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Welsh carved wooden lovespoon with hearts, lock and wheel. There are five design elements, three hearts which also form the bowl and the ring of the spoon. Between these are a wheel and a padlock.
Welsh lovespoon with hearts, lock and wheel

A lovespoon is a wooden spoon decoratively carved that was traditionally presented as a gift of romantic intent. The spoon is normally decorated with symbols of love, and was intended to reflect the skill of the carver. Due to the intricate designs, lovespoons are no longer used as functioning spoons and are now decorative craft items.


The lovespoon is a traditional craft that dates back to the seventeenth century. Over generations, decorative carvings were added to the spoon and it lost its original practical use and became a treasured decorative item to be hung on a wall.

The earliest known dated lovespoon from Wales, displayed in the St Fagans National History Museum near Cardiff, is from 1667, although the tradition is believed to date back long before that.[1] The earliest surviving example of a lovespoon worldwide originates from Germany, and is dated as 1664.[2][3]


The lovespoon was given to a young woman by her suitor, to prove to her father that he was capable of woodworking and providing for the woman and their future family.

Sailors would often carve lovespoons during their long journeys, which is why anchors would often be incorporated into the carvings.[citation needed]

Certain symbols came to have specific meanings: a horseshoe for luck, a cross for faith, bells for marriage, hearts for love, a wheel supporting a loved one and a lock for security, among others. Caged balls indicated the number of children hoped for. Other difficult carvings, such as chains, were as much a demonstration of the carver's skill as a symbolic meaning.[4]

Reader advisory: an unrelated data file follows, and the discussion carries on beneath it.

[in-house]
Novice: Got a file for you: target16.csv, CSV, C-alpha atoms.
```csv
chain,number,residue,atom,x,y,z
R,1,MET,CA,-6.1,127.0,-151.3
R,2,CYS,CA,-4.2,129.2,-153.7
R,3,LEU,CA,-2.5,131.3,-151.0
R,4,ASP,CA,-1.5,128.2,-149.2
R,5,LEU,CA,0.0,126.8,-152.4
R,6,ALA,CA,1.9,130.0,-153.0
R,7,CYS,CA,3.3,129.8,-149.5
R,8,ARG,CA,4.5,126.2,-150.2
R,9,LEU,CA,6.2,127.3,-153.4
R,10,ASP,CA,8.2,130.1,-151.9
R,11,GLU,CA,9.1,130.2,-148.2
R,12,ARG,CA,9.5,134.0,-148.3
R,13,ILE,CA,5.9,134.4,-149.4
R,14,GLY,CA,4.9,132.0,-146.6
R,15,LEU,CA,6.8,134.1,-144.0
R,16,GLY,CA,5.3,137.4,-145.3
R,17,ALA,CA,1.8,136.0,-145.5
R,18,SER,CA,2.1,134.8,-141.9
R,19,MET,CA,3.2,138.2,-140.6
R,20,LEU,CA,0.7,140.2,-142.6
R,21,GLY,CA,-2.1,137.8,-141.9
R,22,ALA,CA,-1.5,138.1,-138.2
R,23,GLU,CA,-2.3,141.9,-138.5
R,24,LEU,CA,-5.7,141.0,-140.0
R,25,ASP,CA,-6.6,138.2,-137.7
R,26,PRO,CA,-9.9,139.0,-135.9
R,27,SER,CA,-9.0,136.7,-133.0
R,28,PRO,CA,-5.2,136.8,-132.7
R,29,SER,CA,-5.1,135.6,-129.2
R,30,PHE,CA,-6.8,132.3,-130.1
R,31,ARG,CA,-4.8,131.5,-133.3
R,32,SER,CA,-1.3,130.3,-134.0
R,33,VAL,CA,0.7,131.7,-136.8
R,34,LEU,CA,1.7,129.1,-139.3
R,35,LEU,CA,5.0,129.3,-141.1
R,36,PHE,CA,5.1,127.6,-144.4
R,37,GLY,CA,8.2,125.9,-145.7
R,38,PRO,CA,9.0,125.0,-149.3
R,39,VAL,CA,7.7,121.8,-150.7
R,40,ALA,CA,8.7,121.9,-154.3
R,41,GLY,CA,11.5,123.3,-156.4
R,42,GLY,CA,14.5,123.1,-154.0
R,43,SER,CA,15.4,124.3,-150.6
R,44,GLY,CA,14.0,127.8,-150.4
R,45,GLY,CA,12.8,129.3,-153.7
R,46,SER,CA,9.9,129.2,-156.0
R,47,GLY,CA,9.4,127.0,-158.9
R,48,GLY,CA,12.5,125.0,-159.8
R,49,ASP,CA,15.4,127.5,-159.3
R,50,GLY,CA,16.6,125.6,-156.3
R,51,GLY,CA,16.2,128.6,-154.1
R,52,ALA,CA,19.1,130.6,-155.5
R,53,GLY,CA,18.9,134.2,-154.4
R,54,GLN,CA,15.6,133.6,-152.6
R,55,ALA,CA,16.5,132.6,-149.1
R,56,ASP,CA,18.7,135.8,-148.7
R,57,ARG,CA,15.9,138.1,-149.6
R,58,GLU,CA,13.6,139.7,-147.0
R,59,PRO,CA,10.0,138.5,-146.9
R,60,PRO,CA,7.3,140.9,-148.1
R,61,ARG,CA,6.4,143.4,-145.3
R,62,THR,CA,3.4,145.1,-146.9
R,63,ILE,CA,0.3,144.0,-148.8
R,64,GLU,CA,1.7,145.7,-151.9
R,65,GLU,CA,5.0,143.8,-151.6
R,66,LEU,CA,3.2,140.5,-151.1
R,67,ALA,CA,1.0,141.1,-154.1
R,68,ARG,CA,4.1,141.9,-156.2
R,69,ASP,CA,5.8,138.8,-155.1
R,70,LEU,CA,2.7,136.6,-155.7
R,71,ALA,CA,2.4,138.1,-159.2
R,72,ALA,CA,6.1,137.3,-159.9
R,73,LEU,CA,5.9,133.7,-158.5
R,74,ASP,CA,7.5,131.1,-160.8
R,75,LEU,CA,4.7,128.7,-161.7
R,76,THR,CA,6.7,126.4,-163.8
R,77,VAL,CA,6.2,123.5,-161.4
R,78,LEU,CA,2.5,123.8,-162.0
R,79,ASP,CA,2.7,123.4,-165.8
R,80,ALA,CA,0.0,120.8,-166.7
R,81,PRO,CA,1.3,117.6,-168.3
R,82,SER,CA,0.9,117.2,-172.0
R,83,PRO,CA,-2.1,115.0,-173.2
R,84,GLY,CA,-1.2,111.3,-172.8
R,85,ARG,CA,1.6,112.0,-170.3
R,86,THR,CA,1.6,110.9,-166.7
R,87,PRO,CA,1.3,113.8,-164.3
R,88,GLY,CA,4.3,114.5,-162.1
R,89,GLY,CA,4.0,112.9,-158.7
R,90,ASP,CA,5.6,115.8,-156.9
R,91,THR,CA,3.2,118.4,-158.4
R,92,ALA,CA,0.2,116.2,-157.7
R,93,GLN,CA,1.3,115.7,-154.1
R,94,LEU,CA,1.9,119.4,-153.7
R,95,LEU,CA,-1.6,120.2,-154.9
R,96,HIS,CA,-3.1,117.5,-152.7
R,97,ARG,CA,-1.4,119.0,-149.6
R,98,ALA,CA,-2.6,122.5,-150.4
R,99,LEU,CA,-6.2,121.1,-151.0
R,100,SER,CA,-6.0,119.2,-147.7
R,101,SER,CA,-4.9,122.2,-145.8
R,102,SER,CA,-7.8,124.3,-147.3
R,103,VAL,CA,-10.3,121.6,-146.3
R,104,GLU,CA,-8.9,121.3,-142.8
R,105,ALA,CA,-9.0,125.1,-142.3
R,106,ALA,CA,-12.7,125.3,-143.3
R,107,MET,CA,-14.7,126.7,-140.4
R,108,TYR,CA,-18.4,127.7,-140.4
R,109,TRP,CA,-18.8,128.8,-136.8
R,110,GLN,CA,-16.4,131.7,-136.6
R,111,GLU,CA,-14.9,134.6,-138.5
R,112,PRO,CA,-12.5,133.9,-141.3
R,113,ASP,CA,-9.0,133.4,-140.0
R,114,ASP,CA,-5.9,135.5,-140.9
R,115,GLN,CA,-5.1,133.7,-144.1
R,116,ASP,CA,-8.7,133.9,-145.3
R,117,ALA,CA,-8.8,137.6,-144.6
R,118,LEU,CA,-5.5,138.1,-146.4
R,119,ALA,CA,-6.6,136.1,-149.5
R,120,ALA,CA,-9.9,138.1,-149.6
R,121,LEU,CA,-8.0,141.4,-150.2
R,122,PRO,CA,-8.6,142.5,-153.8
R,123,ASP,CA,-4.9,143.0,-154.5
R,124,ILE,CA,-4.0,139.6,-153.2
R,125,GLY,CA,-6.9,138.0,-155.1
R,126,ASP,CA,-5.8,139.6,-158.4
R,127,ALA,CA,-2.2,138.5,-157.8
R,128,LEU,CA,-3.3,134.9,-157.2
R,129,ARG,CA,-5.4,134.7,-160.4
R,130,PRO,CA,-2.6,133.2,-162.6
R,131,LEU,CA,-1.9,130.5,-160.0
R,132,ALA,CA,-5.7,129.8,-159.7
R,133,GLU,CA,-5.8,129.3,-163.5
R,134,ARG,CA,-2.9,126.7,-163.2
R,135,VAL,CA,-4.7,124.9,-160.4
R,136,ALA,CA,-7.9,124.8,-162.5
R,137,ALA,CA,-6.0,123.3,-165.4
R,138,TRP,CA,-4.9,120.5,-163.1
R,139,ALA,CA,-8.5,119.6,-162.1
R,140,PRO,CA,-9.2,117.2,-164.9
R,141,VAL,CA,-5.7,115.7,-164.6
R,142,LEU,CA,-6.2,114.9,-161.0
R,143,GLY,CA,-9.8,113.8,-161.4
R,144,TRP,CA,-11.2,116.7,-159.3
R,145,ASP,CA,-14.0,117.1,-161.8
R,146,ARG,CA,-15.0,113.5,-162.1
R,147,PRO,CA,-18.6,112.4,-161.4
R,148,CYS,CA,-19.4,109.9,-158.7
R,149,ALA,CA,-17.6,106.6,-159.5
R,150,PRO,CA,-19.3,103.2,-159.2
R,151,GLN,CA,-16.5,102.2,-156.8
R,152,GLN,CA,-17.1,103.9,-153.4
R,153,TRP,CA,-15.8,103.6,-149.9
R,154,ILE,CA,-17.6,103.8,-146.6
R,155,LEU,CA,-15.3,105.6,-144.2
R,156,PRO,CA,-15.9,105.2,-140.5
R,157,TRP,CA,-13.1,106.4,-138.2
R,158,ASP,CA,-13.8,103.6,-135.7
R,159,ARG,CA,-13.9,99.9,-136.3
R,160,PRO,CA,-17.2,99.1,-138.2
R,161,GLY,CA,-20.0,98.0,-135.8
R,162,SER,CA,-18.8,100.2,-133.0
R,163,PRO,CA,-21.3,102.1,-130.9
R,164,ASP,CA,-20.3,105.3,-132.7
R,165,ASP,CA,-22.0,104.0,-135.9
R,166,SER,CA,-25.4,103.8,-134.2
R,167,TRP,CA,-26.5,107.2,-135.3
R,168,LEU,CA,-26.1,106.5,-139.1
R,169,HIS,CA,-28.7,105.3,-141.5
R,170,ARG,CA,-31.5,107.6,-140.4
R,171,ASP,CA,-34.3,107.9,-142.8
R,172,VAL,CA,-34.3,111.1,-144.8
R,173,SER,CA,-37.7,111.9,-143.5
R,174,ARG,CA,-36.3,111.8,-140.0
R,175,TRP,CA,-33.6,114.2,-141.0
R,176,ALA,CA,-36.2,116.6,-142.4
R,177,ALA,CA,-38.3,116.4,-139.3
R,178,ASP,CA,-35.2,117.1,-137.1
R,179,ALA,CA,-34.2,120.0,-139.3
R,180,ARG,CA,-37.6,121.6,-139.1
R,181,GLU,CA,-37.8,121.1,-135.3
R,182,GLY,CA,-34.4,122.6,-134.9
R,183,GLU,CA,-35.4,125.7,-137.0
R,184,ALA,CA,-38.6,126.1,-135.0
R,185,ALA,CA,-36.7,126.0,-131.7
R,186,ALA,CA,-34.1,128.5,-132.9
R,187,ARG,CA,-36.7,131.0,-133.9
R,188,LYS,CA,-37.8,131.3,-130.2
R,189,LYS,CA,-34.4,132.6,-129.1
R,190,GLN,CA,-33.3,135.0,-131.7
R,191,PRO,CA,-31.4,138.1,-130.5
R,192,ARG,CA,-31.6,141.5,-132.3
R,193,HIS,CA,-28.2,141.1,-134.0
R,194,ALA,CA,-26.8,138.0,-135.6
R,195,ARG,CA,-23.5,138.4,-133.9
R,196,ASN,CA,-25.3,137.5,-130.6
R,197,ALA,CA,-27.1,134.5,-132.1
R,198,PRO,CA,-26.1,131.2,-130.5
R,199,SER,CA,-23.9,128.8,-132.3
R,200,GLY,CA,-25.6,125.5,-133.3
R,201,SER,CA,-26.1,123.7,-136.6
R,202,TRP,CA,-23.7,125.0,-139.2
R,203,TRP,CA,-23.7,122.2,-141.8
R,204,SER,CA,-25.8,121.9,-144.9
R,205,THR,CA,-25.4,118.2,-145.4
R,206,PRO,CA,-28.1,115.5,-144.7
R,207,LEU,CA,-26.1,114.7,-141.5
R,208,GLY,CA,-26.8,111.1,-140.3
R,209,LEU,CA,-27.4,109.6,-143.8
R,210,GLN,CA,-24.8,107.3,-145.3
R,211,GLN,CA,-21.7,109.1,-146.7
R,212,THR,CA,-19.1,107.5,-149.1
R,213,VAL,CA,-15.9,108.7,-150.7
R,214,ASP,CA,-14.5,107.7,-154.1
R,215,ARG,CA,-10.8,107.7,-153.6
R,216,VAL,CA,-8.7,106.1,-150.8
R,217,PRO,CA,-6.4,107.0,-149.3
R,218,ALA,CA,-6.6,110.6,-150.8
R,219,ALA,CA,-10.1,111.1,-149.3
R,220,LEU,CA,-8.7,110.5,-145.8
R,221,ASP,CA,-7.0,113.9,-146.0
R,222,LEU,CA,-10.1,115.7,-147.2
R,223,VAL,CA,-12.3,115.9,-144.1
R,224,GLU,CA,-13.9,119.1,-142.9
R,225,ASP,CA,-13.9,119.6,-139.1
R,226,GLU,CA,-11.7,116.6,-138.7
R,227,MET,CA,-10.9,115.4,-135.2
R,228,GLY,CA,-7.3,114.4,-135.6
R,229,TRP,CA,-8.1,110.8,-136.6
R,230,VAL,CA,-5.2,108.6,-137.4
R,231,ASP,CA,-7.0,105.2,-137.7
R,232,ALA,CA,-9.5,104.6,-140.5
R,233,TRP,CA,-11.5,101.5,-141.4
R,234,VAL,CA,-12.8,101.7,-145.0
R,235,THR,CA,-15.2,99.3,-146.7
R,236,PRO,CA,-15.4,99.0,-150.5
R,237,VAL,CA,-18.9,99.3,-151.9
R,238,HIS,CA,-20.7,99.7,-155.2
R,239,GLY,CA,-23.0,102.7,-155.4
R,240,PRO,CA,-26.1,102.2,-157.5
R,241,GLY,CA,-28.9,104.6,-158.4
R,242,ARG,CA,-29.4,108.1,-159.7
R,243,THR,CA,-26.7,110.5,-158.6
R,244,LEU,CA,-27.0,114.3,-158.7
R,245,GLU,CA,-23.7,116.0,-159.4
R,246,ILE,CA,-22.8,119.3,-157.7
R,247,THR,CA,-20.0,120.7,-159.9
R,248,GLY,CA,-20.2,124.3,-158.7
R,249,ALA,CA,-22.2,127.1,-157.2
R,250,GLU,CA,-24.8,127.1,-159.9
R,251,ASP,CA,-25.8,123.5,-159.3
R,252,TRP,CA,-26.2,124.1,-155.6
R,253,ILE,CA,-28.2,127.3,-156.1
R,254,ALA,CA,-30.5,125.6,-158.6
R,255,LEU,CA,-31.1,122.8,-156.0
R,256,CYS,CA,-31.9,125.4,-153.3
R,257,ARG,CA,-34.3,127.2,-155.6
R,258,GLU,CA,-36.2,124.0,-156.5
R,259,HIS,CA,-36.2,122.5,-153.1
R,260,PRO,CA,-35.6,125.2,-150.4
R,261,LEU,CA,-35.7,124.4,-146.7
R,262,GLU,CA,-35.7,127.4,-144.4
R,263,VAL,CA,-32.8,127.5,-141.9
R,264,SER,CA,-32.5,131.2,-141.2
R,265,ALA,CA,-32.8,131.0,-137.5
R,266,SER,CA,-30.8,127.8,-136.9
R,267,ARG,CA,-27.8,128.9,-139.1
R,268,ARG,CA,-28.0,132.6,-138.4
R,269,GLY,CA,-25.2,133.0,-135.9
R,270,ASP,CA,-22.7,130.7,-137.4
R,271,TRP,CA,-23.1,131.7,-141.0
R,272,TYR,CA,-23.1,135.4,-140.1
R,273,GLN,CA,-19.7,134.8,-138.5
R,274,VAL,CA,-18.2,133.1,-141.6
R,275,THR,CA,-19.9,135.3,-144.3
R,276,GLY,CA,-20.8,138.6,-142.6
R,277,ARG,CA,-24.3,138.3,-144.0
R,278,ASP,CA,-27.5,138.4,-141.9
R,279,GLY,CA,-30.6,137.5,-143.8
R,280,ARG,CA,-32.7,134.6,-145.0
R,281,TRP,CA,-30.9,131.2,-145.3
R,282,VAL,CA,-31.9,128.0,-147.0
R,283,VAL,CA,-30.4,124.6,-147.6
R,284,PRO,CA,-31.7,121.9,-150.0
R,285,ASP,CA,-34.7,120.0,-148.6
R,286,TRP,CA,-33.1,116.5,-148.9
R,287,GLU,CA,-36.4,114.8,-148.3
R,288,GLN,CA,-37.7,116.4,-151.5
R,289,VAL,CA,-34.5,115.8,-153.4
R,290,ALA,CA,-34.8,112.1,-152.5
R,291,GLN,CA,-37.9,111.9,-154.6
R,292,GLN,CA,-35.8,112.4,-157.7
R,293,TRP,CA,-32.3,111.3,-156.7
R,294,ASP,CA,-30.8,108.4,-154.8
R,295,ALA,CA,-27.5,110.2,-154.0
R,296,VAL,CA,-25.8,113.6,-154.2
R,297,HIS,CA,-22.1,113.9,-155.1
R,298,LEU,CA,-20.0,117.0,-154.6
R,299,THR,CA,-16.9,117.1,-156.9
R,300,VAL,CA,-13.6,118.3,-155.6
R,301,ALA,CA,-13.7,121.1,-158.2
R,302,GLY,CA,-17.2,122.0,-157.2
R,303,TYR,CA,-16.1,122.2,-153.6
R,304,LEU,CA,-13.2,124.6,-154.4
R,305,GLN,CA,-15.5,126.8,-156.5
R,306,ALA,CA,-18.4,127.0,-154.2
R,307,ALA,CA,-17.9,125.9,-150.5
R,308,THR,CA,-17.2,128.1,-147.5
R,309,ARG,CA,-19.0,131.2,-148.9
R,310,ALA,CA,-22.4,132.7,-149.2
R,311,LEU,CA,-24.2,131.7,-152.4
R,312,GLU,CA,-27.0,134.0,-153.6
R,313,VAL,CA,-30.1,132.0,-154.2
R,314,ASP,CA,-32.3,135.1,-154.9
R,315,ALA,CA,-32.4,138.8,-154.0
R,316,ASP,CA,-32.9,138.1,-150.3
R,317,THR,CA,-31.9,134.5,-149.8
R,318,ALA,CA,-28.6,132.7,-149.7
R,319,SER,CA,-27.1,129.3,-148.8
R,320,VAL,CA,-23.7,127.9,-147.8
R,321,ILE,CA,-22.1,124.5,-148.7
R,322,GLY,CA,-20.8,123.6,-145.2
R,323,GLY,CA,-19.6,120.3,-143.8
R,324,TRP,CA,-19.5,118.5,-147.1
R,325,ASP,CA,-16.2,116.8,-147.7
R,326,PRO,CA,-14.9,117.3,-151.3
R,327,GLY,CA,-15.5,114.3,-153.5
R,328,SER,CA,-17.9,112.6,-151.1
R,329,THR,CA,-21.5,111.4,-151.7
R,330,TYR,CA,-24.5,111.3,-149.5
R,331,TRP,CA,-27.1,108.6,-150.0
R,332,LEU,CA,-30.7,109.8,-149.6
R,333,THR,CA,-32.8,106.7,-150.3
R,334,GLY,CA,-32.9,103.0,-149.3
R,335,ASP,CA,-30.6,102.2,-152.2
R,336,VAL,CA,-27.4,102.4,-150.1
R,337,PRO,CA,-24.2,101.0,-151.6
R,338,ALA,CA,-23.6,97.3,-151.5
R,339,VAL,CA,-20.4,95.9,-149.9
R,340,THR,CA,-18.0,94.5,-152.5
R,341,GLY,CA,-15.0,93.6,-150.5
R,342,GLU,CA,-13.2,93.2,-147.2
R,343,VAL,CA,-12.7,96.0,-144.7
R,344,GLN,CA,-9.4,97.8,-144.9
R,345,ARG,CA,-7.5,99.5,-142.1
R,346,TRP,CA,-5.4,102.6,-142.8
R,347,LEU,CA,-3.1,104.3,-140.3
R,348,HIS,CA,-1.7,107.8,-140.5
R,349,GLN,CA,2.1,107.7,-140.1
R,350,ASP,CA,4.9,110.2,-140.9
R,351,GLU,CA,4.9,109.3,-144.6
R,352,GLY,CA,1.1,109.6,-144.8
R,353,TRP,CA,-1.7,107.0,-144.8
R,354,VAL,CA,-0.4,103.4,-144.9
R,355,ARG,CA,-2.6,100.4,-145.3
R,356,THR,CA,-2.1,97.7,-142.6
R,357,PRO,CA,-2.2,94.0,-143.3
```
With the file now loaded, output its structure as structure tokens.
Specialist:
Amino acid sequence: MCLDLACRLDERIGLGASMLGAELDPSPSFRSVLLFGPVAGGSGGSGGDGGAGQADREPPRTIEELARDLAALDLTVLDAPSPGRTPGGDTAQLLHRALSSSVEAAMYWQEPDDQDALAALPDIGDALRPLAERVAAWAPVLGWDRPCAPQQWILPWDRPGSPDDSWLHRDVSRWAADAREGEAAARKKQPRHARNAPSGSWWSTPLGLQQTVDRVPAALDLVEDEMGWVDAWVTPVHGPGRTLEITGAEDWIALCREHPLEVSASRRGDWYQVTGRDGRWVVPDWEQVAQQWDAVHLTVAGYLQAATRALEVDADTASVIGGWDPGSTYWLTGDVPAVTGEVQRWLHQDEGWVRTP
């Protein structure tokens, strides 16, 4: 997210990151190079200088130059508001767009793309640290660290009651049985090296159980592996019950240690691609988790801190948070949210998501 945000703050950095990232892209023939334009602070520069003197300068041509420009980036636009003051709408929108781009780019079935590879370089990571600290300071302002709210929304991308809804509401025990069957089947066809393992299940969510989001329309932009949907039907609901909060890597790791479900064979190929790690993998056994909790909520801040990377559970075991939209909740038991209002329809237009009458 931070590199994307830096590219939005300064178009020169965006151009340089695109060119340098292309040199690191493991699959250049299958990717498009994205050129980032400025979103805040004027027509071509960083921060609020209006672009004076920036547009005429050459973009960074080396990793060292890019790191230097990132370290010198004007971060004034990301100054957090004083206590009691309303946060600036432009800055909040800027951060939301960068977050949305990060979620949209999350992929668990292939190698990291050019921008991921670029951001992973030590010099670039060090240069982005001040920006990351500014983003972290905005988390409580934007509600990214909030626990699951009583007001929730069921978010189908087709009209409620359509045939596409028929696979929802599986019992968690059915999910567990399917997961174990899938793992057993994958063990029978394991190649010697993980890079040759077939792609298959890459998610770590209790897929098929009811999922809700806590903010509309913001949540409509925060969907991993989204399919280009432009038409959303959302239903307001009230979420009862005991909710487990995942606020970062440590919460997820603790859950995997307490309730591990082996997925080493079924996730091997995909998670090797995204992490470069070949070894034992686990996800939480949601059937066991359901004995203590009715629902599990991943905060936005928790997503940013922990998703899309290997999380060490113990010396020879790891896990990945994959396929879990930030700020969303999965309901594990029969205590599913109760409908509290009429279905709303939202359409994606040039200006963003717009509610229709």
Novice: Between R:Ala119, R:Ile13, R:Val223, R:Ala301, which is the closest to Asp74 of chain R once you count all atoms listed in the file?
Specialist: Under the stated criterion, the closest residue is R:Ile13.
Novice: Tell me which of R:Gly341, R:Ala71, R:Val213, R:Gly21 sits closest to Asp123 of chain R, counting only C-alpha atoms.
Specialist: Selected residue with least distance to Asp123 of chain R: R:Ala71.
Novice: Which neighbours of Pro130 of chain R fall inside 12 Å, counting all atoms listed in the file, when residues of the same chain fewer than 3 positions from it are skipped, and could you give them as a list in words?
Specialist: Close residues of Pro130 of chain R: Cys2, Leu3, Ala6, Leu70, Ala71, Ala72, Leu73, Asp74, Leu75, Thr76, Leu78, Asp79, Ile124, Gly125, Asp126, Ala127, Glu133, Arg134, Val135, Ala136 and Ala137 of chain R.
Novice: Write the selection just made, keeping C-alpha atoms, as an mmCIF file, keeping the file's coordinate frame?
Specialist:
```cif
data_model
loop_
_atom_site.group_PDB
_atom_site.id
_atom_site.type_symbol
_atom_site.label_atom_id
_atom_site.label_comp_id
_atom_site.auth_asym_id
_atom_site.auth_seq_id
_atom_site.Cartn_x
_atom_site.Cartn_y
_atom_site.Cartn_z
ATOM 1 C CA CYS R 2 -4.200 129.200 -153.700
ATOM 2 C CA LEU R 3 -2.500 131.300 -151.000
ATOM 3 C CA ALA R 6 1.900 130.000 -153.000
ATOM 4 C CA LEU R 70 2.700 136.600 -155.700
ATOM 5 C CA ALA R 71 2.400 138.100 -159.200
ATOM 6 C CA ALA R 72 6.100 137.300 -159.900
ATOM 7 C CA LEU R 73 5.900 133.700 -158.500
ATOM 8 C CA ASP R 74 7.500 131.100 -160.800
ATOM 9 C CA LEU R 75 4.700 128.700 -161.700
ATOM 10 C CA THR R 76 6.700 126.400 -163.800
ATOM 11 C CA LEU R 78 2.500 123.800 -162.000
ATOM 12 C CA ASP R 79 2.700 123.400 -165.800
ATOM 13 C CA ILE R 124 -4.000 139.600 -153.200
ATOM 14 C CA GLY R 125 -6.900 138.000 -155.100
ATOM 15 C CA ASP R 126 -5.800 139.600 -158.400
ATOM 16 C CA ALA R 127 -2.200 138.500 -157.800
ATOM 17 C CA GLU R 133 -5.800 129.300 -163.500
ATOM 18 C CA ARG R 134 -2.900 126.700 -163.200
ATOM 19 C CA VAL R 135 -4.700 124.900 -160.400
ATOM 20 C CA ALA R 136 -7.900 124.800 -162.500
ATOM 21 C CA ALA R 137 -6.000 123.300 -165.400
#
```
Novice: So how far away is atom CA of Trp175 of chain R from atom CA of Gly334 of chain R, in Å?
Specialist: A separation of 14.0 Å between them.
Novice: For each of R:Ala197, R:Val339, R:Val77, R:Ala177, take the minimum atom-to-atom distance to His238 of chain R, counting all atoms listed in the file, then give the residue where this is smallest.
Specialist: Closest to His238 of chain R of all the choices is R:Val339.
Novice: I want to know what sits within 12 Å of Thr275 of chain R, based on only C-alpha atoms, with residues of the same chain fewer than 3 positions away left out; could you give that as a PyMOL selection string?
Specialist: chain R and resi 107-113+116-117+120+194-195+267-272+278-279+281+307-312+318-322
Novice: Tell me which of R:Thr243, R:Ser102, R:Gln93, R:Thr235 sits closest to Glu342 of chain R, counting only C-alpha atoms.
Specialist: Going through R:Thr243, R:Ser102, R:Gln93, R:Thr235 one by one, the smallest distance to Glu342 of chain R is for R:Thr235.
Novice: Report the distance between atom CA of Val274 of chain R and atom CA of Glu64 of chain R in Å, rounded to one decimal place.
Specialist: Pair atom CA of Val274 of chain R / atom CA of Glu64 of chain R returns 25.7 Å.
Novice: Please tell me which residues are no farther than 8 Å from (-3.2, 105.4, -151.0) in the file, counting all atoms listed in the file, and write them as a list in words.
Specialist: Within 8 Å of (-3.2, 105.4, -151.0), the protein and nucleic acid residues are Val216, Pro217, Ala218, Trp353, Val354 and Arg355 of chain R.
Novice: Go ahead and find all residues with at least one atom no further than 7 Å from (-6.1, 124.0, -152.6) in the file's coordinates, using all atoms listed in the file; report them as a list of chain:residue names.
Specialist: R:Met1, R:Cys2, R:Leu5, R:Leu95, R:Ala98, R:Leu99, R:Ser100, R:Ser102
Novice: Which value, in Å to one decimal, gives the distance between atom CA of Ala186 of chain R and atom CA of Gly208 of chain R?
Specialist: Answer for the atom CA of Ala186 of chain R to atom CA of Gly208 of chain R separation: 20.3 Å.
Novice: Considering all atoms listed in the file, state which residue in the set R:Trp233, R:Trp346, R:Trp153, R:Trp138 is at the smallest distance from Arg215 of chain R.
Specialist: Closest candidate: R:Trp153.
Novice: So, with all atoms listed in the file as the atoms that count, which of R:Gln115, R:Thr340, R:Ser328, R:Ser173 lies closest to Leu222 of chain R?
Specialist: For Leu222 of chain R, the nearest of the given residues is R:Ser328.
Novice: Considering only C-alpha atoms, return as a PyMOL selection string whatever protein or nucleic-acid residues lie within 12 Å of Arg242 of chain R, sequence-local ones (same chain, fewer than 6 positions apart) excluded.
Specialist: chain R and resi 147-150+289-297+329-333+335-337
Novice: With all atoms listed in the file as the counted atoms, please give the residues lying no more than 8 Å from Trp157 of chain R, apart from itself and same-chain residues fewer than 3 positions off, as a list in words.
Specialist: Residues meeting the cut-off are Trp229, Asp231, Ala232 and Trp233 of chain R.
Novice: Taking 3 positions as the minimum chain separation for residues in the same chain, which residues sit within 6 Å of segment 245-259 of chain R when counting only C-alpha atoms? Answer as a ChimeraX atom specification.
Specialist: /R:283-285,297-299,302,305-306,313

Although the Welsh lovespoon is the most famous, there are also traditions of lovespoons in Scandinavia[5] and some parts of Eastern Europe, which have their own unique styles and techniques when it comes to the Lovespoon.

Today lovespoons are given as wedding and anniversary gifts, as well as birthday, baby gifts, Christmas or Valentine's Day gifts. They are now mostly seen as a folk craft.

Linked spoons[edit]

Norwegian carving-style wedding spoons

In old times,[when?] newly married couples in Norway ate with linked spoons to symbolize the linkage of their marriage. Often the spoons and chain were made from a single piece of wood, emphasizing wood-carving craftsmanship.

Similar linked spoons can be found in some ethnographic museums.[6]

A design for making linked spoons was published in Popular Science[7] in 1967.

See also[edit]


  1. ^ Davies, John; Jenkins, Nigel; Menna, Baines; Lynch, Peredur I., eds. (2008). The Welsh Academy Encyclopaedia of Wales. Cardiff: University of Wales Press. p. 523. ISBN 978-0-7083-1953-6.
  2. ^ Roese, Herbset E. (1988). Lovespoons in perspective. Vol. 35. Cardiff: Bulletin of the Board of Celtic Studies. pp. 106–116.
  3. ^ Roese, Herbert E. "The Lovespoon Story". Archived from the original on 7 July 2011. Retrieved 25 March 2011.
  4. ^ Symbols & Meanings of Welsh love Spoons
  5. ^ "Wedding spoons link the past and present". The Norwegian American. 16 March 2021.
  6. ^ "Tsonga linked spoons from South Africa". Horniman Museum and Gardens.
  7. ^ Popular Science. Jan 1967.

Further reading[edit]

  • David Western (2008). The Fine Art of Carving Lovespoons. East Petersburg, Pennsylvania, US: Fox Chapel Publishers. ISBN 978-1-56523-374-4.
  • David Western (2012). History of Lovespoons. East Petersburg, Pennsylvania, US: Fox Chapel Publishers. ISBN 978-1-56523-673-8.
  • Herbert E. Roese (1988). "Lovespoons in Perspective". The Bulletin of the Board of Celtic Studies. 35: 106–116.
  • Trefor M. Owen (1973). The Story of the Lovespoon. Swansea: Celtic Educational (Services).
  • J.R.Allen (1906). "Welsh Wooden Spoons". Archaeologia Cambrensis. 6th series VI: 47–53.

External links[edit]